SMSF auditors have been reminded to exercise scrutiny and due diligence when using auditing platforms in order to satisfy their professional obligations and maintain compliance, according to a senior SMSF auditor.
ASF Audits head of education Shelley Banton noted while technological advancements have expedited audit processes, the use of auditing platforms does not exempt auditors from ensuring the accuracy, integrity and compliance of stored information.
To that end, Banton urged auditors to evaluate whether the software and documentation they were using were compliant with the relevant Superannuation Industry (Supervision) (SIS) Act regulations and scrutinise the data contained within their chosen software solution.
“We need to assess our risks and benefits because at the end of the day you’re accepting those risks and benefits whether you do your due diligence or not. [For example], does the software comply with the SIS regulations and the auditing standards?” she told delegates at a recent SMSF Association Audit Day webinar.
“If you look at the terms and conditions of some automated auditing platforms, there’s no guarantee that the software is fit for purpose, that it’s error-free and that it’s accurate. It’s your responsibility as the auditor to download the file and ensure that it’s SIS compliant and it complies with other laws too.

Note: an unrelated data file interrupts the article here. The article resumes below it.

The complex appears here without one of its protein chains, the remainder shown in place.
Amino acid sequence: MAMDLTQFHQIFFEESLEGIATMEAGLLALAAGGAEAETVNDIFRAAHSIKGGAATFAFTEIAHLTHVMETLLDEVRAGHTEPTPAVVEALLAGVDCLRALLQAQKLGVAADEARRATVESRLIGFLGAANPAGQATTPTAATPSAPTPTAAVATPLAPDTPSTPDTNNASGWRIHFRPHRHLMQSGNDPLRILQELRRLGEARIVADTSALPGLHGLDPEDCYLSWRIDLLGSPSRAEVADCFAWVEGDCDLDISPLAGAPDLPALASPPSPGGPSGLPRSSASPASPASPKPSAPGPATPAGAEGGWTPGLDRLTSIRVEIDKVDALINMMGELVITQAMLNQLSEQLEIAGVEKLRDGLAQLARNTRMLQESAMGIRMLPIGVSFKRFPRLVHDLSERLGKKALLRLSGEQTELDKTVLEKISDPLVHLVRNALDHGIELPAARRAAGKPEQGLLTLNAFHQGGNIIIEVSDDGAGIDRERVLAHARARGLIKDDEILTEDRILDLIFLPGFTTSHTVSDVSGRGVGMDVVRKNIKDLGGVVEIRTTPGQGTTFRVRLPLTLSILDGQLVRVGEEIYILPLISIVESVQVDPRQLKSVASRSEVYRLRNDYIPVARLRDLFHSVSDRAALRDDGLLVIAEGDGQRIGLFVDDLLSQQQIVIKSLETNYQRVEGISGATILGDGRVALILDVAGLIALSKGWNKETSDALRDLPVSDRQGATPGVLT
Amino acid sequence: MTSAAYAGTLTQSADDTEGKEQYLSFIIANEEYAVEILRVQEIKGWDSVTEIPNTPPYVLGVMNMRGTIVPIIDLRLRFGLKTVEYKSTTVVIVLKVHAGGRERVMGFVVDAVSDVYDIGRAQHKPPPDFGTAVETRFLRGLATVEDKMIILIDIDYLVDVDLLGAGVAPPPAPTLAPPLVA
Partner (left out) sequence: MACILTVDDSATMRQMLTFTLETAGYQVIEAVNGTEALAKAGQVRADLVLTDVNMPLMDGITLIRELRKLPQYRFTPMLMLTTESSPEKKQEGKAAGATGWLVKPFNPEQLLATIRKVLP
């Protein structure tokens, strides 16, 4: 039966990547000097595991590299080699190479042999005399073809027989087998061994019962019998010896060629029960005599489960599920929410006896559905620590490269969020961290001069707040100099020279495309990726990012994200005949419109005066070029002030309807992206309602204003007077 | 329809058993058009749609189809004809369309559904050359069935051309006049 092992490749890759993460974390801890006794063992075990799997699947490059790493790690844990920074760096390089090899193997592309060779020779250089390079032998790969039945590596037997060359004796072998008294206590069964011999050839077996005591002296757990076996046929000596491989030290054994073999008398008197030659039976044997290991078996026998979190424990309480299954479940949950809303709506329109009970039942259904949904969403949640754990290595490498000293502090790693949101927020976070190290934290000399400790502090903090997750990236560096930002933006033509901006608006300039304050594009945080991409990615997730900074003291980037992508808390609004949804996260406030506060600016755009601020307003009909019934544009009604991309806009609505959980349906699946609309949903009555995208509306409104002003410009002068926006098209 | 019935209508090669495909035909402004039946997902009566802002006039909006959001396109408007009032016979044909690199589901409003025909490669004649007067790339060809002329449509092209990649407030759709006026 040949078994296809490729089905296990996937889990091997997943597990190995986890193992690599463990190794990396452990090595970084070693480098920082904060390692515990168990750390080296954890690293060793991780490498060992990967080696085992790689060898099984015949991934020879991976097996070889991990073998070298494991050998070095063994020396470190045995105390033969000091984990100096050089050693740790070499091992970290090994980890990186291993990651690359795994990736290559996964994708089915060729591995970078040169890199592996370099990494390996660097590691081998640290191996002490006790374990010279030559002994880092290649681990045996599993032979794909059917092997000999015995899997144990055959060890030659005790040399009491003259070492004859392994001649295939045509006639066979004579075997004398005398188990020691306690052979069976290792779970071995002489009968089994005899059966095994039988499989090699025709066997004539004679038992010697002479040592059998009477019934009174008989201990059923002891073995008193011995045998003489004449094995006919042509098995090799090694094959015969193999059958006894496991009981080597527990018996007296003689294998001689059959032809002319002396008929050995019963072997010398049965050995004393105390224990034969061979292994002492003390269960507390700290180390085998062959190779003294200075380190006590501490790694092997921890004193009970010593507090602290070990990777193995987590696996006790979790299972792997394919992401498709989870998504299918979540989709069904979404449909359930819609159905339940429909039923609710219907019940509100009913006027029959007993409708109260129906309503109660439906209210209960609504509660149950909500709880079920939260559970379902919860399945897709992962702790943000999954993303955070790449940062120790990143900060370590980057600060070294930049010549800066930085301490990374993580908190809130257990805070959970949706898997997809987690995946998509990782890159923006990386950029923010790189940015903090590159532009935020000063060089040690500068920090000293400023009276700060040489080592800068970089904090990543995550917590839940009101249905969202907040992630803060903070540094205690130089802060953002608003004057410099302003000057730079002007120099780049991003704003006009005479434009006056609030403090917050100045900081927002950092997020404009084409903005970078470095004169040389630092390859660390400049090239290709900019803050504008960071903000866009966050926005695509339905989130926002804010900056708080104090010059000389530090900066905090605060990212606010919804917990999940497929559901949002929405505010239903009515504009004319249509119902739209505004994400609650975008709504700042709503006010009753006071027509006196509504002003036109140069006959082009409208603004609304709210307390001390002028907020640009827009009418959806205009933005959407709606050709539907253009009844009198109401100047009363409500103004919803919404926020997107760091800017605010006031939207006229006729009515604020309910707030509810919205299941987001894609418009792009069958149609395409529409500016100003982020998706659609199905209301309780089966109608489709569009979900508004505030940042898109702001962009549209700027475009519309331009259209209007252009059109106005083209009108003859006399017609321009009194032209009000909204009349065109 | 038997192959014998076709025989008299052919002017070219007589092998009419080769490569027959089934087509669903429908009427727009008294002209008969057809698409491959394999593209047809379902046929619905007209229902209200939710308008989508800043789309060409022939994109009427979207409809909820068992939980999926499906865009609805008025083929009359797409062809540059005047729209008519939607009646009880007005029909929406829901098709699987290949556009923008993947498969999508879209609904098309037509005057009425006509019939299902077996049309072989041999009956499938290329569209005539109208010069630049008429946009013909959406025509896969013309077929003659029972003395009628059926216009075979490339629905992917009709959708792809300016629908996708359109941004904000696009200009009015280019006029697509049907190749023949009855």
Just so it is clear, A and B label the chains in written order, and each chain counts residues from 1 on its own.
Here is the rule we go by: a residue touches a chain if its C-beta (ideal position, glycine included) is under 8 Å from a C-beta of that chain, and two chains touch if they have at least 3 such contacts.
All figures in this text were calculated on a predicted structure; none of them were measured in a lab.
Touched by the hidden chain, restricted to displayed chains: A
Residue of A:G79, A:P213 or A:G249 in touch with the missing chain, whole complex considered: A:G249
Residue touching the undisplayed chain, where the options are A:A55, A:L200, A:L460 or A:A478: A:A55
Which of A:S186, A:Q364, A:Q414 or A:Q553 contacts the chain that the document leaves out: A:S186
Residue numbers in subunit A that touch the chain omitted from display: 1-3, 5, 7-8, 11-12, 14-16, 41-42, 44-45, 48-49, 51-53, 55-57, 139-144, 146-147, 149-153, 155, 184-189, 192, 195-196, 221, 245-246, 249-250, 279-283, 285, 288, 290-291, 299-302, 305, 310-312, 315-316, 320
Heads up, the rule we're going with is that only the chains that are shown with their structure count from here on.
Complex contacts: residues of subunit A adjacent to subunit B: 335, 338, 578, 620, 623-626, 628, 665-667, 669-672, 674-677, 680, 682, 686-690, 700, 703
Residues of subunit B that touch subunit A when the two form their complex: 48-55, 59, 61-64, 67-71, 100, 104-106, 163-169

“You need to get your due diligence done. It is a buyer-beware situation because you’re accepting that obligation at face value and you’re also accepting the risk of potentially signing off on incorrect financials regardless of what’s in the system.”
To illustrate her point, she pointed out the growing reliance on data feeds from auditing platforms in the industry and highlighted several considerations auditors should take into account before submitting an audit for review.
“What’s the start date of the feed? If the feed starts halfway through the year, can you rely on what is in the system up until then? We usually get bank statements up until the data feed starts because we can’t rely on that at all,” she said.
“What about if the feed drops out? It happens randomly with no real flagging about how that happens. So you need to get those bank statements to plug those audit holes for your file at that point.”
Furthermore, she said she had come across instances in the industry where incorrect information was recorded in auditing platforms, either due to automatic data entry by software or human error.
As a precaution, she advised auditors to have the June 30 bank statement and bank balance on hand instead of solely depending on data feeds and to verify the bank account is correctly named in the platform, as set-up errors may lead to inaccuracies.